Our patients followed suit and the problem with prostate cancer, my particular area of interest is that it is asymptomatic until very late. Patients might not feel as though anything is wrong, even when it is quite advanced. They certainly would be amongst a group of patients who did not feel as though anything very serious was going on and therefore stayed home and did not get the treatment that they deserve.
What is the prevalence of prostate cancer amongst men in South Africa and in the world generally? It appears it is more prevalent in certain parts or sectors of men than the global community of men. In other words, it may be more prevalent in Africa than it would be in Asia or elsewhere.
Yes, that is true.
There is a difference in the clinical appearance in the symptoms of prostate cancer between the various races. Black men are most afflicted by this condition. There are theories as to why this is so, and there’s a lot of research that still needs to go into exploring this topic. Unfortunately, I can’t give you the exact figures and the problem is that in South Africa we do not have an adequate cancer registry.
It is pretty good, but it does not fulfil the criteria of a robust cancer registry. All our cancers across the various fields, and not just within urology, but all our cancers that are registered on our national cancer registry are histology based, meaning that you have to have taken a piece of cancer, sent it away to the laboratory and had it confirmed that it is cancer and what kind of cancer it is.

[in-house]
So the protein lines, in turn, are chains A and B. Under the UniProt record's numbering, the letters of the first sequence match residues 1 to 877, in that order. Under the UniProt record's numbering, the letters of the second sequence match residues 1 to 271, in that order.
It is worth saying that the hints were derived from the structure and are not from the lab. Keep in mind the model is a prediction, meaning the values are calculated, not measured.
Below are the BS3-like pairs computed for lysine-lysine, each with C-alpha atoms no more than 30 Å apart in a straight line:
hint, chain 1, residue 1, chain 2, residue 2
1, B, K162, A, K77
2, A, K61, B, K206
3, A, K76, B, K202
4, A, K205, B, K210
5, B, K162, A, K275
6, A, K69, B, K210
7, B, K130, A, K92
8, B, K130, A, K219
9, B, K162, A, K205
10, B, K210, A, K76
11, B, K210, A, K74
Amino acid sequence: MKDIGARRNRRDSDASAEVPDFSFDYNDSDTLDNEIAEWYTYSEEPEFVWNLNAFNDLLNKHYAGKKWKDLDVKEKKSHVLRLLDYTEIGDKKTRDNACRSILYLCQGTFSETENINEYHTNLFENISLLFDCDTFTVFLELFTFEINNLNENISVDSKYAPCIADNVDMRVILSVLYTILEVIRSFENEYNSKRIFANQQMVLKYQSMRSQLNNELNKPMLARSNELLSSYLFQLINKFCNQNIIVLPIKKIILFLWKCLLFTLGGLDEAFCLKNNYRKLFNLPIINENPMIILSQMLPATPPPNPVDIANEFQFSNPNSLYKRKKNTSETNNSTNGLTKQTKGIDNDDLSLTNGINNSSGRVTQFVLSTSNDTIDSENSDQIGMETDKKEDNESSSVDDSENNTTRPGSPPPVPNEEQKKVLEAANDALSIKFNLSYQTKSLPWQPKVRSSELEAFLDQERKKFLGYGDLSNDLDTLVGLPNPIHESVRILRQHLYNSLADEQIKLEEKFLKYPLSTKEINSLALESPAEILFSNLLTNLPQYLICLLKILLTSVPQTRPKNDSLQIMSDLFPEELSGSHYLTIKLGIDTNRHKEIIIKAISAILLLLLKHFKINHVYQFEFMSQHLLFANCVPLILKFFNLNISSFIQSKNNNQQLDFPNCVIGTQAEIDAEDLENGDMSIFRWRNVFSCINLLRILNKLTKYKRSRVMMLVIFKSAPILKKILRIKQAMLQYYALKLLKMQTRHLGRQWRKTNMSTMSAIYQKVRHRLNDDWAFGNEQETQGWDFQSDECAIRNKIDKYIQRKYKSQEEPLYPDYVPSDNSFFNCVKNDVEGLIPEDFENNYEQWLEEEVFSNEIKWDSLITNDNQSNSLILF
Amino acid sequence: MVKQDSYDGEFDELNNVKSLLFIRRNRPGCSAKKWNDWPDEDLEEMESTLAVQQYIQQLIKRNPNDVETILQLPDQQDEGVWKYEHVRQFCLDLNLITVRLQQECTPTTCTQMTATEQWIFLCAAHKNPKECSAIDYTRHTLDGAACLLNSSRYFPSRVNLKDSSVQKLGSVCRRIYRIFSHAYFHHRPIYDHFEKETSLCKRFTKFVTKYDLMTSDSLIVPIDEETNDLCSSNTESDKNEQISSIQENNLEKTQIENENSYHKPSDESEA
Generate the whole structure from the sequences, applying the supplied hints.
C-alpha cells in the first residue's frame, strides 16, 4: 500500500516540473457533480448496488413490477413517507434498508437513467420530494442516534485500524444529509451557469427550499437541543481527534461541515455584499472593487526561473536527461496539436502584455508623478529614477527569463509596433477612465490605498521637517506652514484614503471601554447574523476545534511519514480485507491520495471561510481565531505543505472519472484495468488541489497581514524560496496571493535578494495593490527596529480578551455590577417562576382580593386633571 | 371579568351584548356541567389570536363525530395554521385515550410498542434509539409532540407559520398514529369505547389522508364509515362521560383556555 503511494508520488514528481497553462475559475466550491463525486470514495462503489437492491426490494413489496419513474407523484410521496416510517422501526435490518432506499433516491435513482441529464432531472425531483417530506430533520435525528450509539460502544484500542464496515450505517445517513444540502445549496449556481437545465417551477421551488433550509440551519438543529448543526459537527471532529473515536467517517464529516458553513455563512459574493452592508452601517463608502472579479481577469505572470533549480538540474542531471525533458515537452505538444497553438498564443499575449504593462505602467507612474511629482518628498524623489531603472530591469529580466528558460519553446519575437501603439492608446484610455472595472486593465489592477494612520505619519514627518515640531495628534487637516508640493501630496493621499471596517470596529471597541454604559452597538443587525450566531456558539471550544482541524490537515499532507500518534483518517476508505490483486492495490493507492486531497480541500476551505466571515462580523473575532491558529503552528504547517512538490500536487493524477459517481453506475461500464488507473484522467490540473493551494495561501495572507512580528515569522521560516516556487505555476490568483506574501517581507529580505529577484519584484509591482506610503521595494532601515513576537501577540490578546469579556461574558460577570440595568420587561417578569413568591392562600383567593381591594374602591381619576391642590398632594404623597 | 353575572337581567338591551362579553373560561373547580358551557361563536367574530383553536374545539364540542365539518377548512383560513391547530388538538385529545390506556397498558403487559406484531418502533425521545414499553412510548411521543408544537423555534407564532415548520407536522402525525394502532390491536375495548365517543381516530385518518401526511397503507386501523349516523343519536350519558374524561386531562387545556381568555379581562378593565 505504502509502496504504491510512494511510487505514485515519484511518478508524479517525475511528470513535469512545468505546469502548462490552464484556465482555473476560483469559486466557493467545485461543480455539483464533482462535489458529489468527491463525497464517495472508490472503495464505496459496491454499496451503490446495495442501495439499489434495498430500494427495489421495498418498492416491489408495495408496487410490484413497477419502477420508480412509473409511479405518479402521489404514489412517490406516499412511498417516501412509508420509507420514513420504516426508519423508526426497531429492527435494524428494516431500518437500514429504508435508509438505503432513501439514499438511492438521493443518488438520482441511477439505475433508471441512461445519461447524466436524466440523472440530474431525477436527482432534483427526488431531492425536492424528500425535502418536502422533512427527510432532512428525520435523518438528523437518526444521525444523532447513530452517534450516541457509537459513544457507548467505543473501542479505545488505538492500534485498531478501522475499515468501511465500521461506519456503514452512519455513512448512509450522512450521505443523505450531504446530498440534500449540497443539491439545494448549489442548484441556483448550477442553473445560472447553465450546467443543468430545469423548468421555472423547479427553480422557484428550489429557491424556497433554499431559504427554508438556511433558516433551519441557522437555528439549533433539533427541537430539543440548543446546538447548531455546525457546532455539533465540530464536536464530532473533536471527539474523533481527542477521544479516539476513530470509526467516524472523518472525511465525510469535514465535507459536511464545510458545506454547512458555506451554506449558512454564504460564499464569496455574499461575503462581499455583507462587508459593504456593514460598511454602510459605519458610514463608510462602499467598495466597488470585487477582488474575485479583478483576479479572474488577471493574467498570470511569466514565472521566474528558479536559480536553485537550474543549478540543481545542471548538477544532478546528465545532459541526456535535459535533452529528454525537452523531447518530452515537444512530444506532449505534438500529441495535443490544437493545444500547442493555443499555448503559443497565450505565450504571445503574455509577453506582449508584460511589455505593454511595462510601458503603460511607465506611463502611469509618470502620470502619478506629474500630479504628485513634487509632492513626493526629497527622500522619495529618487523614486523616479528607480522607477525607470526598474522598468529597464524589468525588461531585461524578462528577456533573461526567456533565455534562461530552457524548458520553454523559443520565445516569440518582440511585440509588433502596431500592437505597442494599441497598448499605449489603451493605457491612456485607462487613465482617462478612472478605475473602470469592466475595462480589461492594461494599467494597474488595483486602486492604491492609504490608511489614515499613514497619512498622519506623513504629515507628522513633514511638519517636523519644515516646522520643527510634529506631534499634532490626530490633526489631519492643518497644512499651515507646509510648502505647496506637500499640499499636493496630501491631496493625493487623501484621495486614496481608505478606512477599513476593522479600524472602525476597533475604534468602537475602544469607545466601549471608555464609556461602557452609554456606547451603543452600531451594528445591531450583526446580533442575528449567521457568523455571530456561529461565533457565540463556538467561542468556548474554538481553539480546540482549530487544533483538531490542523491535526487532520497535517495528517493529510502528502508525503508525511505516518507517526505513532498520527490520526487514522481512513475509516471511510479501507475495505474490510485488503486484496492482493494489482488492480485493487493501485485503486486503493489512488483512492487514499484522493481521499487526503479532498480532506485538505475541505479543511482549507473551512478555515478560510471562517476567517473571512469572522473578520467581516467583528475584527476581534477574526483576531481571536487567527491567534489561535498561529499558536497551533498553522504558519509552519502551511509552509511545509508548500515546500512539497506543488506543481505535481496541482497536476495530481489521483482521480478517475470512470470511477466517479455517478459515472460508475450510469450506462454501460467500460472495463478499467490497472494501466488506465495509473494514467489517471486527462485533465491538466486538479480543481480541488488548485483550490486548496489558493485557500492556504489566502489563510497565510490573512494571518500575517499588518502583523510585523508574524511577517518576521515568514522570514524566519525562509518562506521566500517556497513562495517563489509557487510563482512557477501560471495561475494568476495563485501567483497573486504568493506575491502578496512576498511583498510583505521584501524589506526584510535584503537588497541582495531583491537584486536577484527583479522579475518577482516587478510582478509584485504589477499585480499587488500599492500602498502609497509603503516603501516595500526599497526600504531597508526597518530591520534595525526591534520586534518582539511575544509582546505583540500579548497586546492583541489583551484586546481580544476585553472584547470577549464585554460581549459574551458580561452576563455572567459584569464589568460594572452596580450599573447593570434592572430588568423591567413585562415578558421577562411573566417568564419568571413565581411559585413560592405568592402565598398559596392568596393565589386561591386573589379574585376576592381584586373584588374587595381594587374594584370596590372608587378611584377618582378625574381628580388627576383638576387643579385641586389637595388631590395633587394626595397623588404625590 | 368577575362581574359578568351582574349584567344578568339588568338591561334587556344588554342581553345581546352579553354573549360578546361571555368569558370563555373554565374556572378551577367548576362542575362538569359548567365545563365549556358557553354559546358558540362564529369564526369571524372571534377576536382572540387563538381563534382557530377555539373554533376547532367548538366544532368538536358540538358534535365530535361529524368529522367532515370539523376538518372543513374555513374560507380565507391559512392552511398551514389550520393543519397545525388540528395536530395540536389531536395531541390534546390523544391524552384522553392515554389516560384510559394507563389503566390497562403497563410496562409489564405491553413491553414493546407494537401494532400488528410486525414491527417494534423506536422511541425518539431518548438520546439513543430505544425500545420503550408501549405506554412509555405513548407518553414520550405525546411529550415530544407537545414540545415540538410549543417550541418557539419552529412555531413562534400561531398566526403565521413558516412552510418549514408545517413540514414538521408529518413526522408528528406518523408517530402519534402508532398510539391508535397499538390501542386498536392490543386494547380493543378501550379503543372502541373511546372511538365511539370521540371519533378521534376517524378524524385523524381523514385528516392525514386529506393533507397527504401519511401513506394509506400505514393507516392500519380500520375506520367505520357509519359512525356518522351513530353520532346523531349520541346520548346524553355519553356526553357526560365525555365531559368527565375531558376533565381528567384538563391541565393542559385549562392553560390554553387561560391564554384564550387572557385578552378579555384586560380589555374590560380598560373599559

With the health care services around the country, we know about their disparities in the distribution of such services, meaning that a lot of people do not have access to tertiary centres, and there aren’t many across the country and they are all concentrated in the major cities.
Patients who do not have access to tertiary centres, who therefore will not have the cancers biopsied, are not being captured on the cancer registry. An ideal cancer registry should also focus on community conditions and community diagnoses so that it does not necessarily have to have a biopsy or a lab report confirming the condition.